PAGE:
Niacinmg0.190.774.07 : 1
Pantothenic acidmg0.050.101.9 : 1
Vitamin B-6mg0.090.172.02 : 1
Folate, totalg2.005.002.5 : 1
Folate, foodg2.005.002.5 : 1
Folate, DFEg2.005.002.5 : 1
Vitamin A, IUIU66.000.000 : 1

Sulfites contents in raisins

Raisins can contain sulfites to preserve shelf life and their vibrant colors. The type most affected are the Thompson seedless raisins. These grapes are oven-dried to avoid darkening by sunlight and sulfur-dioxide is added to preserve its color.

Sulfites may be harmful for some sulfite-sensitive people, especially asthmatics. (read more..)

Raisins’ health benefits

Are raisins healthy?

Raisins are healthy, if consumed in moderate amounts. Various studies found a number of health promoting properties that help reduce the risk of cardiovascular disease and type 2 diabetes.

Raisins are a great source of potassium, magnesium and boron, various phytochemicals, soluble and insoluble dietary fiber and fructooligosaccharides (FOS), such as inulin which have a probiotic effect. See nutrition information tables for raisins below.

The consumption of raisins on a regular basis may help in: (5, 6, 7, 8, 9, 10, 11)

  • lowering blood pressure;
  • decreasing inflammation in the body;
  • reducing blood LDL cholesterol, triglycerides, and oxidized low-density cholesterol values;
  • increasing a feeling of satiety;
  • lowering the impact on blood glucose and insulin spikes after meals in comparison to other snacks or glucose of equivalent Calories.

Please note, however, that blood glucose and insulin spikes are also dependent on the serving size. While the impact on blood glucose and insulin after a meal may be low for small servings of raisins, large servings may cause more significant spikes (see the next section below).

Blood sugar and insulin response after the consumption of raisins

Although some studies claim that the consumption of raisins improves the blood glucose control and insulin response after a meal, it is worth noting a few points:

  1. Most of these studies either compare raisin consumption with other snacks of the same caloric value (5), or equivalent amount of glucose (12, 11)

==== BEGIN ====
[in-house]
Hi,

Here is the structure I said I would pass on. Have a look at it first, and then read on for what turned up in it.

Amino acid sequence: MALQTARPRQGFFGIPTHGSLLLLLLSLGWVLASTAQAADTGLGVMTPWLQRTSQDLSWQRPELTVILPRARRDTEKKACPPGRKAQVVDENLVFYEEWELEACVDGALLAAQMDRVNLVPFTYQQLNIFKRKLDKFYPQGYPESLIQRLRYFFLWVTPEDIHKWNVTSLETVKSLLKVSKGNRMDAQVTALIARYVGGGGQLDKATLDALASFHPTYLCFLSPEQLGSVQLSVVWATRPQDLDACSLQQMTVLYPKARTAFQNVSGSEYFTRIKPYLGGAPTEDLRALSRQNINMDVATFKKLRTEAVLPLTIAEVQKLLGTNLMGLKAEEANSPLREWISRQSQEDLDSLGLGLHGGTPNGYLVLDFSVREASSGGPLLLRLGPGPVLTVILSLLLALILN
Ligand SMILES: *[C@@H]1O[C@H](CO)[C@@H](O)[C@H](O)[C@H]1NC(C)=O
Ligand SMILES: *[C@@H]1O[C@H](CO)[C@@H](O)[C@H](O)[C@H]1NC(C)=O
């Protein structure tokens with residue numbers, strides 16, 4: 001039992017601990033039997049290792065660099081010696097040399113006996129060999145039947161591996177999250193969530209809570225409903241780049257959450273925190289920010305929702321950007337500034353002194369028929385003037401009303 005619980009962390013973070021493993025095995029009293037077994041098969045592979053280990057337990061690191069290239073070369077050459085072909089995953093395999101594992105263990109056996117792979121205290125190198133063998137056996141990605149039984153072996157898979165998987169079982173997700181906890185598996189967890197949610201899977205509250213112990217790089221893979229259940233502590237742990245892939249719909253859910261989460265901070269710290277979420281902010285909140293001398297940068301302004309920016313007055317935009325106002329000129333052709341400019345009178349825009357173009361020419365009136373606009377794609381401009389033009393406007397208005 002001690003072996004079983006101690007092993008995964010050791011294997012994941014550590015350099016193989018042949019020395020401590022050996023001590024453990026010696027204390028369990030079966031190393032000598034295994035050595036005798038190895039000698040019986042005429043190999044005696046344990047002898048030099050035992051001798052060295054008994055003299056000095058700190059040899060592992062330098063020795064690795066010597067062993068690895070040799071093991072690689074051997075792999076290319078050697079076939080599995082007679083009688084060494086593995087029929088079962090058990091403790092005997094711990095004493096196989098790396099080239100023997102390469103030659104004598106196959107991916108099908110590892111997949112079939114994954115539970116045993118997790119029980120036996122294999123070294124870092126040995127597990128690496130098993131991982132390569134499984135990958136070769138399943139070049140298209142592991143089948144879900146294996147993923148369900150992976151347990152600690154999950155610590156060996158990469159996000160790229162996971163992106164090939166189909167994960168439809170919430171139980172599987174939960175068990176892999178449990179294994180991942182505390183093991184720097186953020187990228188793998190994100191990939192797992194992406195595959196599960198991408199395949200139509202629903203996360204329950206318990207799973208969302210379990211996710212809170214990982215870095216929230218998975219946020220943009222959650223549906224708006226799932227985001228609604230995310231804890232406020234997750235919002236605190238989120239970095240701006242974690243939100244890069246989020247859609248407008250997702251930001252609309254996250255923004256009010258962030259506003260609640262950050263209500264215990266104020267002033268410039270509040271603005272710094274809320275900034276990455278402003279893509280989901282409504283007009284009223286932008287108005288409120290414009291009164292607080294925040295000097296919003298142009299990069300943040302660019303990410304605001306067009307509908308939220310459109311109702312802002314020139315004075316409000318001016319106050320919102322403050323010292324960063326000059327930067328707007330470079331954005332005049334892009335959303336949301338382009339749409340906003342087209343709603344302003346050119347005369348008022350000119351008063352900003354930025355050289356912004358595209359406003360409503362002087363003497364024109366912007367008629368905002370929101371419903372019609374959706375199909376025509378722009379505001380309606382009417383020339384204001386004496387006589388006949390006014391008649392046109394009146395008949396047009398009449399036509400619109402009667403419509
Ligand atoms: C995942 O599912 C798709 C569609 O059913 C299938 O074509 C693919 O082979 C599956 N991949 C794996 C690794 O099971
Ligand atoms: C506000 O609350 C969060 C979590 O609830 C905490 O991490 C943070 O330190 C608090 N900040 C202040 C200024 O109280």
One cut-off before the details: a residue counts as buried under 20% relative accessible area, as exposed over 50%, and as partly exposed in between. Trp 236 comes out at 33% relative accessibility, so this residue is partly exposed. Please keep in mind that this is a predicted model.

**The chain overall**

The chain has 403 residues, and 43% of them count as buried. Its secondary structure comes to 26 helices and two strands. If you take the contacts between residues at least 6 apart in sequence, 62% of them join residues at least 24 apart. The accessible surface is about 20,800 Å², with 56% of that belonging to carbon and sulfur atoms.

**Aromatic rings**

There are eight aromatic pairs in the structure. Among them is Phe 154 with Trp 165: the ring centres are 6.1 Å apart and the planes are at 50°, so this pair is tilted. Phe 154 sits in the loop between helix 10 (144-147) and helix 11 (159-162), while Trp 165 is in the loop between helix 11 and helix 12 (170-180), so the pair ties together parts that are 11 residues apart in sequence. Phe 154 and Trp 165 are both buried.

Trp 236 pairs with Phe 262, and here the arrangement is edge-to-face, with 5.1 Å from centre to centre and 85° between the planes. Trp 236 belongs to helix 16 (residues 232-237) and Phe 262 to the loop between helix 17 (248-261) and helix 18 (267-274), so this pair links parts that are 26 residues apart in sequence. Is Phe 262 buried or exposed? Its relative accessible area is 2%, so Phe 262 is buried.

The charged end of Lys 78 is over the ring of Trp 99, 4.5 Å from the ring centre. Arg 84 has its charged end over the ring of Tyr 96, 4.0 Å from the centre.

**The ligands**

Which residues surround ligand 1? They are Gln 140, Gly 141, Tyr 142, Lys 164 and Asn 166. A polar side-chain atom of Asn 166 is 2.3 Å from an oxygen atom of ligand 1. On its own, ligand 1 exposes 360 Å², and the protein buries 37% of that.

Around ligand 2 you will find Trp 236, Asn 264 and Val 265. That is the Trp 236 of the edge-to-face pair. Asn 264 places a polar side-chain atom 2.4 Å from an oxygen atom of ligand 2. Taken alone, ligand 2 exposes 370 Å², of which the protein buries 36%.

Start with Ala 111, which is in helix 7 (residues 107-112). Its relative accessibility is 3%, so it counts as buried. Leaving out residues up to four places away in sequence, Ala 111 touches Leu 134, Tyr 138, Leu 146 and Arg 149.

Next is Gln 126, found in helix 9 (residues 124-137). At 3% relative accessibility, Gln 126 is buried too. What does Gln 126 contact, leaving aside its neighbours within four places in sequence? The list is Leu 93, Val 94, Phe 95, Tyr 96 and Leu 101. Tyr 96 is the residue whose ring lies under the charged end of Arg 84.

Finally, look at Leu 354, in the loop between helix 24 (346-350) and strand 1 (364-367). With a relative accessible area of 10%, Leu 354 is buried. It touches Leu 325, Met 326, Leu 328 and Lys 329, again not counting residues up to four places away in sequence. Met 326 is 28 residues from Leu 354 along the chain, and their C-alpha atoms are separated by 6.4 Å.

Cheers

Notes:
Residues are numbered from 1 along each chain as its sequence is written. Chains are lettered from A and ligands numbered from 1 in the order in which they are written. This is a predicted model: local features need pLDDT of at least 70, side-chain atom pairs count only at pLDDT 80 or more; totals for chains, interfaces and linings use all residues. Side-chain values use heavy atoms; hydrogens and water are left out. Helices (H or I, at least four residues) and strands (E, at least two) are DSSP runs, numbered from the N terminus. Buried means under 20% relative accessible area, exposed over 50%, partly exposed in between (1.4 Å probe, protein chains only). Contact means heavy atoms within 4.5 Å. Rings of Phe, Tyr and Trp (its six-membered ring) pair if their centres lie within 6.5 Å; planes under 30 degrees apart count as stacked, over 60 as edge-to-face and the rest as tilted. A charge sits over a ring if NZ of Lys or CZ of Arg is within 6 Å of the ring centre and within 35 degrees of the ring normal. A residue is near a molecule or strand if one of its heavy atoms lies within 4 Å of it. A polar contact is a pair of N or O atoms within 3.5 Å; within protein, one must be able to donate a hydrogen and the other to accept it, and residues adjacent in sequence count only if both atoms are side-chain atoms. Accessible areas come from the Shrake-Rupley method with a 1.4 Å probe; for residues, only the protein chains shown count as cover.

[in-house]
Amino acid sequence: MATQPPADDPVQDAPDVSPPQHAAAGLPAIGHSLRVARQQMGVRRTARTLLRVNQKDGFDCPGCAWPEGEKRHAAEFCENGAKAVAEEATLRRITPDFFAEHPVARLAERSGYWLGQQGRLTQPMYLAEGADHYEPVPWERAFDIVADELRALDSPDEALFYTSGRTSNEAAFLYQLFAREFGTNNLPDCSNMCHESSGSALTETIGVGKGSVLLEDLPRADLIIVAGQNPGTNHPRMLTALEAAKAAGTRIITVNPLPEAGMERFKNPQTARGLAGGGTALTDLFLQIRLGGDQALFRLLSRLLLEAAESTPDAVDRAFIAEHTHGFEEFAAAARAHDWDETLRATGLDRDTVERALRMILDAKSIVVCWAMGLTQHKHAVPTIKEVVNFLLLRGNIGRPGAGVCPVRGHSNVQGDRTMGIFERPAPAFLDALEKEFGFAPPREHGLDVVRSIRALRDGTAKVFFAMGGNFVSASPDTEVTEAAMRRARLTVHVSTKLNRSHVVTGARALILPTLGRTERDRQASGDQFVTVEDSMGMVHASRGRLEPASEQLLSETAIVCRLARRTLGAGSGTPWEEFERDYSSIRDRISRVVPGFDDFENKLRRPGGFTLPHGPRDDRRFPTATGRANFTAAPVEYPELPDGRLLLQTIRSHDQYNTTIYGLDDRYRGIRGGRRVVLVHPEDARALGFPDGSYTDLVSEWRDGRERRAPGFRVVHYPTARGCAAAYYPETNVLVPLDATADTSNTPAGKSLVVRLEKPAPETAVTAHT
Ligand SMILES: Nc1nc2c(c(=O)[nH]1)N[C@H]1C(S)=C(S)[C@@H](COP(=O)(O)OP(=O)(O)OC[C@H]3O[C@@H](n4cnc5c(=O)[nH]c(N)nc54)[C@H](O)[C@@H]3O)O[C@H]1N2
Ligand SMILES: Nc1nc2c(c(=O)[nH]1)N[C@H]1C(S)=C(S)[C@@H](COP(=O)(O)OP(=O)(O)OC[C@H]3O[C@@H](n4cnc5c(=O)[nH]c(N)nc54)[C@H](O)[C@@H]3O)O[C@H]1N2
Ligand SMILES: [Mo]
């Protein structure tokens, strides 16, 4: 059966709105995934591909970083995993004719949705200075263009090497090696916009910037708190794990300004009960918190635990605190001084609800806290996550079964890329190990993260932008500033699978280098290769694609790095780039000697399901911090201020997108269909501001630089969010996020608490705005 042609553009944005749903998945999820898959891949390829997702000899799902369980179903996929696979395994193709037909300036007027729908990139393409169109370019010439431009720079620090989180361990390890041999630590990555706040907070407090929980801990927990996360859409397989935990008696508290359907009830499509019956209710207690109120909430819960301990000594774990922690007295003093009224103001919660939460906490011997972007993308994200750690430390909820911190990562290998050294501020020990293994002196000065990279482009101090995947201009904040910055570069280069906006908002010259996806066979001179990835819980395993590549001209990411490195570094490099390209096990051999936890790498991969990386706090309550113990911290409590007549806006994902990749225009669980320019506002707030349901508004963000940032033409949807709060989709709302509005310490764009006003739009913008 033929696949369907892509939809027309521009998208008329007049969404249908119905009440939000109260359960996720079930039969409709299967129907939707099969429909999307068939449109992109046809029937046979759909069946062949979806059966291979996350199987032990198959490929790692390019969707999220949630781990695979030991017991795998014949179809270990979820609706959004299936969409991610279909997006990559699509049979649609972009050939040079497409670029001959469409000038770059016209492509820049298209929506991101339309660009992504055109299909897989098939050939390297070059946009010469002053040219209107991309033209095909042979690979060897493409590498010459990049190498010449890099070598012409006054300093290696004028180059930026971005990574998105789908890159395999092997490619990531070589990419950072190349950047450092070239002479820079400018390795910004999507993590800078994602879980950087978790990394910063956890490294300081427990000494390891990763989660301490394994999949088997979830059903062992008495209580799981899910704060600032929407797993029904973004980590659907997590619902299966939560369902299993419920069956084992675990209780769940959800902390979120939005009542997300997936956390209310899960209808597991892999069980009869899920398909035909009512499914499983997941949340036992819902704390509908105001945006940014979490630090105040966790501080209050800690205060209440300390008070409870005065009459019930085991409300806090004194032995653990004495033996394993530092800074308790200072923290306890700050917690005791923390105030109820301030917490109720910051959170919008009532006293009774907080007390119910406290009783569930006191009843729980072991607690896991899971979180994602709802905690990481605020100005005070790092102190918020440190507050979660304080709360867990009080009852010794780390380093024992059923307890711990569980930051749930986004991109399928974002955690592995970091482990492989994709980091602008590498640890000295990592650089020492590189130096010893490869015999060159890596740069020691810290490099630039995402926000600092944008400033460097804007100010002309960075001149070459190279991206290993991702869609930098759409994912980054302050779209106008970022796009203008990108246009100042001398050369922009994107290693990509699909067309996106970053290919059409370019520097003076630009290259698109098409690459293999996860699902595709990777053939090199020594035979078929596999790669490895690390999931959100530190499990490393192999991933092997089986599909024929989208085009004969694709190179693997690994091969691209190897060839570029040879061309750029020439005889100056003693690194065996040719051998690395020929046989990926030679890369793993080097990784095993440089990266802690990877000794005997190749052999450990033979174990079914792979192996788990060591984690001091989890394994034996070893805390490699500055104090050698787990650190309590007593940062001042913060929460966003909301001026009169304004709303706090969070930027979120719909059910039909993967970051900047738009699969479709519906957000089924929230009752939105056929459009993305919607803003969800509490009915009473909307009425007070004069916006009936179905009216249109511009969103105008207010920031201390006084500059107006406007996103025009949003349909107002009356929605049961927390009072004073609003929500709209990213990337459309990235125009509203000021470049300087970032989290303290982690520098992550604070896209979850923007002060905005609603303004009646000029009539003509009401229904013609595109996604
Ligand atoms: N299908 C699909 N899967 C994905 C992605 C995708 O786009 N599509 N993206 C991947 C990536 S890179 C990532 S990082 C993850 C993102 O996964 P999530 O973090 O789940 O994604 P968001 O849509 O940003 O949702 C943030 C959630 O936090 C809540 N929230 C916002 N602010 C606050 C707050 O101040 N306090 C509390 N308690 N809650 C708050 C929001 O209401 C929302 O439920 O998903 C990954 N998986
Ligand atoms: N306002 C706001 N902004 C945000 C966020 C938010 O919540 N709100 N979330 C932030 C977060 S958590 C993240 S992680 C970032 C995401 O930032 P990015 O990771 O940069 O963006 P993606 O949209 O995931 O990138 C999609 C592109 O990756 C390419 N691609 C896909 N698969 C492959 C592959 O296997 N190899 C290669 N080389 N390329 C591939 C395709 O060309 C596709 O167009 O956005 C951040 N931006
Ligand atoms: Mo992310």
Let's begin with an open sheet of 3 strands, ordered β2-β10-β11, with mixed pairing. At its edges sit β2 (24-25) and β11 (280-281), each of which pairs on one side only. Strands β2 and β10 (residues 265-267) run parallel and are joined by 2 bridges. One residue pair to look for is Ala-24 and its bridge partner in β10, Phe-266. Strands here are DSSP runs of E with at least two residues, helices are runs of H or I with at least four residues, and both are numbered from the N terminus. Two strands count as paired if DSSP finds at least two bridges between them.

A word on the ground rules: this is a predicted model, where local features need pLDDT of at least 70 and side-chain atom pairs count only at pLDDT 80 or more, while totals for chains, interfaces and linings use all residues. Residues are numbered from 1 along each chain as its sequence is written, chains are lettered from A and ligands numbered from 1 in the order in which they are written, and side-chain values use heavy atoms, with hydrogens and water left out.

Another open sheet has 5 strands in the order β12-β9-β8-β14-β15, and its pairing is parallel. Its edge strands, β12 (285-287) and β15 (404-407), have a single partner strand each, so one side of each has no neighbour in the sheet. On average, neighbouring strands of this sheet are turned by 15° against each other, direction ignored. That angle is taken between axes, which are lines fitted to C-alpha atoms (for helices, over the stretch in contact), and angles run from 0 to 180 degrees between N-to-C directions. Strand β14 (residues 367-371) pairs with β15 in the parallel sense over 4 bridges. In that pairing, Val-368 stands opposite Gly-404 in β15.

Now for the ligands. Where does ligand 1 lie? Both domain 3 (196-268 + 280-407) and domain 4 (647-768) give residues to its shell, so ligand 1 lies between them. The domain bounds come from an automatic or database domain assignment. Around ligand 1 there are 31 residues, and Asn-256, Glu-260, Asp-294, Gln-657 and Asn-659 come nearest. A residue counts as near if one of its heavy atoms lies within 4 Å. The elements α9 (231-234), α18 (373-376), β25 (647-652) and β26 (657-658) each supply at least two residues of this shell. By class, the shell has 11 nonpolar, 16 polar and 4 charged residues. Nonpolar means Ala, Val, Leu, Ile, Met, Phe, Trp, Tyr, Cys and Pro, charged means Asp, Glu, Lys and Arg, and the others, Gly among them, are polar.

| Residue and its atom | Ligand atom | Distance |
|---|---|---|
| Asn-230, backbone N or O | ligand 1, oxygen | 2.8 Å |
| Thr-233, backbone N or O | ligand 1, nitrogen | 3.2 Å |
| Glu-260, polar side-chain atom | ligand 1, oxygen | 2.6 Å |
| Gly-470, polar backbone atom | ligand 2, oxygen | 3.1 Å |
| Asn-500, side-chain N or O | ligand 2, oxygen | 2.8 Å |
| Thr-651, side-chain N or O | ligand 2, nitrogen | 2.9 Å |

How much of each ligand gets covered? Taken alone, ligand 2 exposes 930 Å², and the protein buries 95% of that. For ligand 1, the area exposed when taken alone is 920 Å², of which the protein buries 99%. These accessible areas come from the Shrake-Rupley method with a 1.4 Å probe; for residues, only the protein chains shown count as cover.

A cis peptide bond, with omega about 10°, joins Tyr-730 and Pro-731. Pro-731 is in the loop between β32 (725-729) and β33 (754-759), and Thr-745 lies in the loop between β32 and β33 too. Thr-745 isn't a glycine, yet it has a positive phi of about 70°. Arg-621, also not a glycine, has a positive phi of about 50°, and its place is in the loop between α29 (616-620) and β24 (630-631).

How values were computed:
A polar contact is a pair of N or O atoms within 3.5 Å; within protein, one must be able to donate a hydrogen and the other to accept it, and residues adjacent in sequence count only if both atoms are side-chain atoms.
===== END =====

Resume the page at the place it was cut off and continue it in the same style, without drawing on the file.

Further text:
. While these studies show that a handful of raisins has a lower impact on blood sugar or insulin levels than a biscuit or energy bar, it doesn’t mean that raisins are a better choice than, for instance, fresh fruit or vegetables when it comes to the impact on blood sugar levels.
  2. A number of studies (5, 7, 9) suggest that raisins have a low to moderate Glycemic Index. While these studies correctly claim that the Glycemic Index of raisins falls in a low to medium range (between 49 and 66 depending on the variety of raisin) (13), their Glycemic Load is in the high range when considering the common serving size. This is because:
    The Glycemic Index is not an accurate indicator of the effects of carbohydrate containing foods on our blood glucose levels, since it doesn’t take into account a realistic serving size, as well as the Glycemic Load.
  3. The results of the majority of these studies may be biased due to a conflict of interest, since they are conducted by a consultant for the California Raisin Marketing Board (James W. Anderson).

There is evidence that consuming a small serving after a meal has no effect on blood glucose.
The following table compares the Glycemic Index and Glycemic Load of various serving sizes of raisins. For comparison purposes, the table also presents the same information for a common serving size of raw grapes.

Glycemic index of raisins and grapes

Food typeGlycemic indexServing (g)Glycemic load
Raisins (1)646028 (high)
3014 (medium)
157 (low)
Grapes (2)491209 (low)
In short, a common serving of about 2 oz. causes a high blood glucose response while a smaller serving of only 1 oz. falls within the medium range. The safest intake is up to ¾ of an ounce (about 2 tablespoons) which is still within the low Glycemic Load. Please note that aerobically trained adults get better an insulin index, since their insulin doesn’t rise as much as in sedentary people and, therefore, can handle more raisins. (12)

Summary of the studies on raisins